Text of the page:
Belfast Telegraph

Saturday 19 April 2014

Integration is key if we are to unite such a divided city

Peace walls like this one will have to come down if the Northern Ireland economy is to prosper

For a returning visitor, Belfast is a much more attractive place than it was 30 years ago.

The face of Belfast, over the whole commuting region (well beyond the now outdated Victorian city boundaries), offers plenty of scope to make complimentary judgements about physical progress into the 21st century.

Beware the trap of only emphasising improvements but neglecting the deficiencies. The glass is indeed partly full - it is also partly empty.

As in many European cities, within Belfast there are contrasts: affluence and deprivation are both conspicuous. Critical questions emerge in any examination which asks whether the governance of the city is taking sufficient account of the need to ameliorate or remedy the widening inequalities.

The critical challenge is to have a vision for a successful city region, stretching beyond the artificial and now unhelpful city boundaries. In these early years of the 21st century, there is an inheritance, particularly since 1970, of disrupted and inadequate progress.

While there are disagreements expressed between various interest groups, there are serious tensions about aspects of urban deprivation which are greater than is usually acknowledged. The degree of inadequate progress in steering towards a more prosperous Belfast region can be illustrated using some of the worrying characteristics.

In many older parts of Belfast the population is too crowded. Victorian (or even post-1945) housing sits uneasily alongside the demands of improved living standards for space, amenities and services.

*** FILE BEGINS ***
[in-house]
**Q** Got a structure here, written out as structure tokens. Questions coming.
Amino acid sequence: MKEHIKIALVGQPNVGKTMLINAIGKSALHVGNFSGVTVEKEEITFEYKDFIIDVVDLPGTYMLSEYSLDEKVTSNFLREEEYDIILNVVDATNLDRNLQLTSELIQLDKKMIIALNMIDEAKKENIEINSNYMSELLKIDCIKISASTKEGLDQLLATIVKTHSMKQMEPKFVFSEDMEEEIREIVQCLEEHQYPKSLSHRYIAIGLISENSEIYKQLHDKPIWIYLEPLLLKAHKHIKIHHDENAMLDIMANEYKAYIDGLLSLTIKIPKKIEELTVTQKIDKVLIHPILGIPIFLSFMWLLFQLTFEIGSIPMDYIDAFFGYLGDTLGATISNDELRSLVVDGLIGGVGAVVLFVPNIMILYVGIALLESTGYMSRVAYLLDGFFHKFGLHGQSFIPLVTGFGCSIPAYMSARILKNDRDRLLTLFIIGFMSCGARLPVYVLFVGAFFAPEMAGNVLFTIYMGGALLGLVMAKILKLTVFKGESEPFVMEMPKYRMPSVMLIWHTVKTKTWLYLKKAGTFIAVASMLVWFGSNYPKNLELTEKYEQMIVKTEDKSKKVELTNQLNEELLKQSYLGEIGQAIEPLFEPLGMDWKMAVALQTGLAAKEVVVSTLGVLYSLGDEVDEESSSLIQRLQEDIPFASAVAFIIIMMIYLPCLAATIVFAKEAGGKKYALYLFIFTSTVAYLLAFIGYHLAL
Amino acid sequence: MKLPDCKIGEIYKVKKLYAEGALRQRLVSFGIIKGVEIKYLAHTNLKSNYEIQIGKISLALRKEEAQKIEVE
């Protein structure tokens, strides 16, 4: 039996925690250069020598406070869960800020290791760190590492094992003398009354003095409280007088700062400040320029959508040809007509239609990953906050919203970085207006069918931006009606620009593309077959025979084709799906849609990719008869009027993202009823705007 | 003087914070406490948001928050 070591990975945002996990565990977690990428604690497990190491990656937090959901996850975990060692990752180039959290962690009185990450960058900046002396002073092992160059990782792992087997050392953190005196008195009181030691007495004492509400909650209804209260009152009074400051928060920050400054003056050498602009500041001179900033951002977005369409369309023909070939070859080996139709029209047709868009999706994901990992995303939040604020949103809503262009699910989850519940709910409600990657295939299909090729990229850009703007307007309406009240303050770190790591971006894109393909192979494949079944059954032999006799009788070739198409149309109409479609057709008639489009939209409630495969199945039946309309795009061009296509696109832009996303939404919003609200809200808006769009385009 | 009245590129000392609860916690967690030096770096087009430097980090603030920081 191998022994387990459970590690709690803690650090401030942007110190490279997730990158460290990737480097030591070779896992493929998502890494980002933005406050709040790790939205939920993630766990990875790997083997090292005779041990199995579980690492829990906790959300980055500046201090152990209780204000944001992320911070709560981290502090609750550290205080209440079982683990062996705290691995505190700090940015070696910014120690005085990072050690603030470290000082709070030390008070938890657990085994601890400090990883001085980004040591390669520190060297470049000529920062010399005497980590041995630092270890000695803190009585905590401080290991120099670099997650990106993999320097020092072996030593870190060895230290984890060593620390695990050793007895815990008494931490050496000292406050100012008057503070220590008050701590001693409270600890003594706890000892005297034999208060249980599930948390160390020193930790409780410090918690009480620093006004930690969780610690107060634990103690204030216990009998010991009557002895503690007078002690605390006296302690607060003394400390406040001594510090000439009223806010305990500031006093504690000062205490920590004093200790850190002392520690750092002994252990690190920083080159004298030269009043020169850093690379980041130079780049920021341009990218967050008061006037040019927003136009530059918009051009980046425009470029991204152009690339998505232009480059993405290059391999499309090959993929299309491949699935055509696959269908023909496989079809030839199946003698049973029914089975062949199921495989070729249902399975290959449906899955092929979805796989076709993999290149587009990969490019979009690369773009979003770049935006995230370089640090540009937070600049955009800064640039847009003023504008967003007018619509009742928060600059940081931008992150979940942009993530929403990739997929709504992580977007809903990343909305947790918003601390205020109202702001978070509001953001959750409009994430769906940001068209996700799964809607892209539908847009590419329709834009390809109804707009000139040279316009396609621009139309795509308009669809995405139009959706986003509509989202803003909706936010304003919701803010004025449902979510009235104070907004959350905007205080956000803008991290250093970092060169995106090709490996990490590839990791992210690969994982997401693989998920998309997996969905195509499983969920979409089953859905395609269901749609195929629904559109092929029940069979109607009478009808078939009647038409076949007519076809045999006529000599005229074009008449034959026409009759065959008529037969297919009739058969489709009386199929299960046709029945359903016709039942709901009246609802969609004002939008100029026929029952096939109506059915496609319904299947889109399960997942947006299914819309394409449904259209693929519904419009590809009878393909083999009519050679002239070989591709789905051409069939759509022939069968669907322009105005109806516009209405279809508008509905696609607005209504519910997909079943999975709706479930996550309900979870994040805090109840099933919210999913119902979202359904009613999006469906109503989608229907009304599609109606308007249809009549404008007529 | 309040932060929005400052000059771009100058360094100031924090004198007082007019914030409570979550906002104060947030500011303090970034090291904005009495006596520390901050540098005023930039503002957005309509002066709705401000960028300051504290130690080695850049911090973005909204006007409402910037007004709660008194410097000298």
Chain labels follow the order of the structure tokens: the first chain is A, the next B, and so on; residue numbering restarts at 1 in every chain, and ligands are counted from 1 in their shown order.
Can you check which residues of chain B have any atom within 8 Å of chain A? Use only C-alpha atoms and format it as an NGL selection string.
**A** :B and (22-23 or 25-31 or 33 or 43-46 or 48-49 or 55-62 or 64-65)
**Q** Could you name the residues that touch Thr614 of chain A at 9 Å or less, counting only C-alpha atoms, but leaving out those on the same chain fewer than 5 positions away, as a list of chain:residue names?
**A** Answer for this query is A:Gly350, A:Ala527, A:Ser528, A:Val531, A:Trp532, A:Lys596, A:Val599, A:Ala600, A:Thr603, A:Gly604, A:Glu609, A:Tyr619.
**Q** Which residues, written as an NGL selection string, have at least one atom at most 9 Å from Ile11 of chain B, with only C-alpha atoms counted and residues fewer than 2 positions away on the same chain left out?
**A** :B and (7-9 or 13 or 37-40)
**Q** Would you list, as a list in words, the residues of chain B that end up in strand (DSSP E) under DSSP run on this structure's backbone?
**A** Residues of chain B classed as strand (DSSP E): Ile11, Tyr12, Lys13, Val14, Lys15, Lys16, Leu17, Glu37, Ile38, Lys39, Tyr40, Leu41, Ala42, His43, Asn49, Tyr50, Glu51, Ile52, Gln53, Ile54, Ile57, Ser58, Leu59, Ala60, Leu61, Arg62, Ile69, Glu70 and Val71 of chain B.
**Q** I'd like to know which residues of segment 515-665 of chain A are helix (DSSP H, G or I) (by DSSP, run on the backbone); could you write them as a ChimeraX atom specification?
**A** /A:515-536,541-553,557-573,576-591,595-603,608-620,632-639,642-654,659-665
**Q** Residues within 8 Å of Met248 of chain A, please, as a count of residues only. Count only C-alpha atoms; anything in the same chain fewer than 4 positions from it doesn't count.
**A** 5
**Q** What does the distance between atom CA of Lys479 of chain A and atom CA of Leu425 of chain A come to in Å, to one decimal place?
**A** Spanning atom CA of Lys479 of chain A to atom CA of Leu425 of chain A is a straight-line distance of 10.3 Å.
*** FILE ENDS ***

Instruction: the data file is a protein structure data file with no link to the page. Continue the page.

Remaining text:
In too many parts of Belfast the performance of primary and secondary education leaves too many young people ill-equipped for the changing employment opportunities (and unemployment and educational attainment are inversely correlated). Third level education is often beyond the ambitions of too many.

In too many parts of Belfast the urban infrastructure of roads, transport, and commercial development is constrained by existing inherited patterns and there is little overall vision of the efforts and planning needed to secure change.

In too many urban wards in Belfast the indices of social and economic deprivation are worryingly low and, consequently, there is a critical impact linked to the (now changing) social welfare system.

In some areas in Belfast, the current recession has reduced employment prospects for many people. Job promotion agencies have not sponsored sufficiently encouraging results.

In some parts of Belfast the conventions and rules of the town planning service are inconsistent with the ambitions of a growing 21st century city.

Of course, these features of Belfast (and its wider commuting region), while they are significant, are not unique to Belfast. There are contrasting examples in Belfast of change, success and failure. A reappraisal of the relevance, weaknesses and scope for an improved system of planning and governance is merited.

The institutions of Government, central and local, have created a complex set of relationships where the full range of urban development responsibilities falls to several departments of central government as well as to the city council.

Belfast city council has a narrower remit for social and economic services than most English cities. Even after the impending reform of local government, the city council will not have responsibility for housing, education, transport management or major issues in planning policy. To its credit, during 2012, the city council initiated an imaginative (but partial) plan for capital and current projects within its remit.

The functional allocation of governance responsibilities is not, in itself, critical provided that there are adequate arrangements for the integration, between central and local government, of an ambitious series of measures. Urban regeneration, particularly in the inner wards of Belfast, is a much more demanding task than can be achieved through Neighbourhood Renewal projects. Housing development policies merit a more ambitious approach than will emerge from a 'demolish and rebuild comparable density' passive strategy.

For the good of the economy, jobs, living standards and the quality of life ... better results are surely possible?